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February 19, 2019

SCOTUS via 6-3 vote rules Texas yet again misapplied its Eighth Amendment jurisprudence prohibiting the execution of those with intellectual disability

In the middle of this lengthy new SCOTUS order list, which has lots of cert denials and individual opinions about cert denials, is one notable Supreme Court opinion on the merits in Moore v. Texas, No. 18–443 (S. Ct. Feb. 19, 2019). The start and last substantive paragraph of the 10-page per curiam opinion for the Court provides the basics:

In 2015, the Texas Court of Criminal Appeals held that petitioner, Bobby James Moore, did not have intellectual disability and consequently was eligible for the death penalty.  Ex parte Moore, 470 S.W.3d 481, 527–528 (Ex parte Moore I).  We previously considered the lawfulness of that determination, vacated the appeals court’s decision, and remanded the case for further consideration of the issue.  Moore v. Texas, 581 U. S. ___, ___ (2017) (slip op., at 18).  The appeals court subsequently reconsidered the matter but reached the same conclusion.  Ex parte Moore, 548 S.W.3d 552, 573 (Tex. Crim. App. 2018) (Ex parte Moore II).  We again review its decision, and we reverse its determination....

We conclude that the appeals court’s opinion, when taken as a whole and when read in the light both of our prior opinion and the trial court record, rests upon analysis too much of which too closely resembles what we previously found improper.  And extricating that analysis from the opinion leaves too little that might warrant reaching a different conclusion than did the trial court.  We consequently agree with Moore and the prosecutor that, on the basis of the trial court record, Moore has shown he is a person with intellectual disability.

Chief Justice Roberts has this one-paragraph concurrence in the case:

When this case was before us two years ago, I wrote in dissent that the majority’s articulation of how courts should enforce the requirements of Atkins v. Virginia, 536 U.S. 304 (2002), lacked clarity.  Moore v. Texas, 581 U.S. ___, ___–___ (2017) (slip op., at 10–11).  It still does.  But putting aside the difficulties of applying Moore in other cases, it is easy to see that the Texas Court of Criminal Appeals misapplied it here.  On remand, the court repeated the same errors that this Court previously condemned — if not quite in haec verba, certainly in substance.  The court repeated its improper reliance on the factors articulated in Ex parte Briseno, 135 S.W.3d 1, 8 (Tex. Crim. App. 2004), and again emphasized Moore’s adaptive strengths rather than his deficits.  That did not pass muster under this Court’s analysis last time.  It still doesn’t.  For those reasons, I join the Court’s opinion reversing the judgment below.

Justice Alito, joined by Justices Thomas and Gorsuch, pens a three-page dissent with concludes this way:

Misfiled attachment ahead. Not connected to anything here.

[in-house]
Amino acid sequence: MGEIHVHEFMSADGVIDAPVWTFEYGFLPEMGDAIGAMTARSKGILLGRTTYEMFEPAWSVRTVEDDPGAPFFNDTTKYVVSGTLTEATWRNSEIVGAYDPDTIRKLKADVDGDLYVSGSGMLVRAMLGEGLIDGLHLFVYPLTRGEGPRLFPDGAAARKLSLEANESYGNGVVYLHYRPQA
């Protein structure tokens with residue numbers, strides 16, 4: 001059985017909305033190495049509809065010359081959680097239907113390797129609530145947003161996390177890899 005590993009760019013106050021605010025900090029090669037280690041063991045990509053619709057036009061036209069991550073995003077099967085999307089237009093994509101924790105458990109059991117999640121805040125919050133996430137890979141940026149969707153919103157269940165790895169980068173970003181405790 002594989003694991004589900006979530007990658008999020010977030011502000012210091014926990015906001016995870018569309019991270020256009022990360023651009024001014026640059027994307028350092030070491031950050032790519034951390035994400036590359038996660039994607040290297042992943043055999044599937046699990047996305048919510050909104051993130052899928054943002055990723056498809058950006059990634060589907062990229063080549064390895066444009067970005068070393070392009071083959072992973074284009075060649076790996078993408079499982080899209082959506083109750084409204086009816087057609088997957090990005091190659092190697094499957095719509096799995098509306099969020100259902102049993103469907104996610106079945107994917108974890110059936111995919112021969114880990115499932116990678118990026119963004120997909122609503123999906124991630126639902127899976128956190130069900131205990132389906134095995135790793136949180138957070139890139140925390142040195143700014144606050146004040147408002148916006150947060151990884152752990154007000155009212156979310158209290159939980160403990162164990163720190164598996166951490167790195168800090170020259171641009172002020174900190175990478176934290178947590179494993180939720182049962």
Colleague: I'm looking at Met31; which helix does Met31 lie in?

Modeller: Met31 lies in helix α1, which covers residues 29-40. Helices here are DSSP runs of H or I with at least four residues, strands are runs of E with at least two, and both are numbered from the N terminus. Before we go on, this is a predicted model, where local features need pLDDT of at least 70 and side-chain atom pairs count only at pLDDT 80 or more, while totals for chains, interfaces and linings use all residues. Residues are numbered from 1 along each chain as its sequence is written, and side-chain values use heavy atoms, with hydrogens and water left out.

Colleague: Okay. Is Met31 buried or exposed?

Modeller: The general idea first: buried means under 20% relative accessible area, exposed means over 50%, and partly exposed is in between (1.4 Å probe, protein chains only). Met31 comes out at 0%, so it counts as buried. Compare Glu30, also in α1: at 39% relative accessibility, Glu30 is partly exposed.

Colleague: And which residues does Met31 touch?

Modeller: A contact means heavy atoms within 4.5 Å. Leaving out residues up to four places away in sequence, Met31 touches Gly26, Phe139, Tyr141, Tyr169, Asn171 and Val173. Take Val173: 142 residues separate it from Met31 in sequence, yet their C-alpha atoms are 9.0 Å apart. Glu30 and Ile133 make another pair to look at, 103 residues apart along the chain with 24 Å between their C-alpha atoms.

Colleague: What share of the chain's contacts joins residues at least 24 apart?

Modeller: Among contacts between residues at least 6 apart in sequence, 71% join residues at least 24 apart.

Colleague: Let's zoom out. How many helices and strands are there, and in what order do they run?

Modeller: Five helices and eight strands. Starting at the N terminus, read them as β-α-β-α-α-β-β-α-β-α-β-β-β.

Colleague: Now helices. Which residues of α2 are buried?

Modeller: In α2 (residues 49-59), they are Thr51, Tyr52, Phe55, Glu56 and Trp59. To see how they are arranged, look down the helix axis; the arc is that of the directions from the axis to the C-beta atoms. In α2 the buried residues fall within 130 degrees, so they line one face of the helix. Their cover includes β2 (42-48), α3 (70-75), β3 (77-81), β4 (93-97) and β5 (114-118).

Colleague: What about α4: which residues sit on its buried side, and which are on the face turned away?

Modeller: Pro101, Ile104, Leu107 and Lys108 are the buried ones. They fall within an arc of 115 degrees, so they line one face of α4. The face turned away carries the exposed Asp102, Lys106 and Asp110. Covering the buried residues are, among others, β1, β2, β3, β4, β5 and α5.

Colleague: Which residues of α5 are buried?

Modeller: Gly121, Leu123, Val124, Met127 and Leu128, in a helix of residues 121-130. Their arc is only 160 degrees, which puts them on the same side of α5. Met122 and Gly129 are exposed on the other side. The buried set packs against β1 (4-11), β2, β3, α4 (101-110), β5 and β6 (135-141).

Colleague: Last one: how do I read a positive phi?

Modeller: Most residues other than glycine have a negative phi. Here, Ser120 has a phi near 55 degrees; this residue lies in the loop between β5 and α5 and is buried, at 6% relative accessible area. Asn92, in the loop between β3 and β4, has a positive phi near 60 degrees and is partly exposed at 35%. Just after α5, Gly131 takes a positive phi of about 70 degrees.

The Court’s foray into factfinding is an unsound departure from our usual practice.  The error in this litigation was not the state court’s decision on remand but our own failure to provide a coherent rule of decision in Moore.  I would deny the petition for a writ of certiorari.  I certainly would not summarily reverse and make our own finding of fact without even giving the State the opportunity to brief and argue the question.  I therefore respectfully dissent.

There is a whole lot here to notice, but I think especially important and notable is the fact that the newest Justice, Justice Kavanaugh, is with the majority of the Court and not the dissenters here. Because of the Chief Justice's vote, Justice Kavanaugh is not technically a swing vote in this capital case.  But his vote still reveals that, unlike Justices Alito and Thomas (and even seemingly Justice Gorsuch), Justice Kavanaugh may be more inclined to scrutinize state capital practices than certain of his conservative colleagues.

February 19, 2019 at 09:52 AM | Permalink

Comments

Not sure what Justice Kavanaugh's vote means here given that lower court opinion apparently showed significant disregard for the instructions of the U.S. Supreme Court (which is almost always guaranteed to annoy a majority of Supreme Court justices). If Texas had come back with a "proper" analysis that still found defendant to be eligible for the death sentence, things might have been different.

The more interesting question is posed by the local prosecutor now joining with the defendant on the merits. Texas AG tried to intervene at the United States Supreme Court. It's been so long since I have practiced in Texas that I don't know what this will mean when case returns to Texas Court of Criminal Appeals (which will probably try again for a third time to sustain the death sentence if it is not bound by the local prosecutor's concession).

Posted by: tmm | Feb 19, 2019 11:26:40 AM

Tmm: The supremes reverses and rendered judgment that Moore is ID. There’s no third bite for the TCCA.

Posted by: Calif appeals lawyer | Feb 19, 2019 7:48:18 PM

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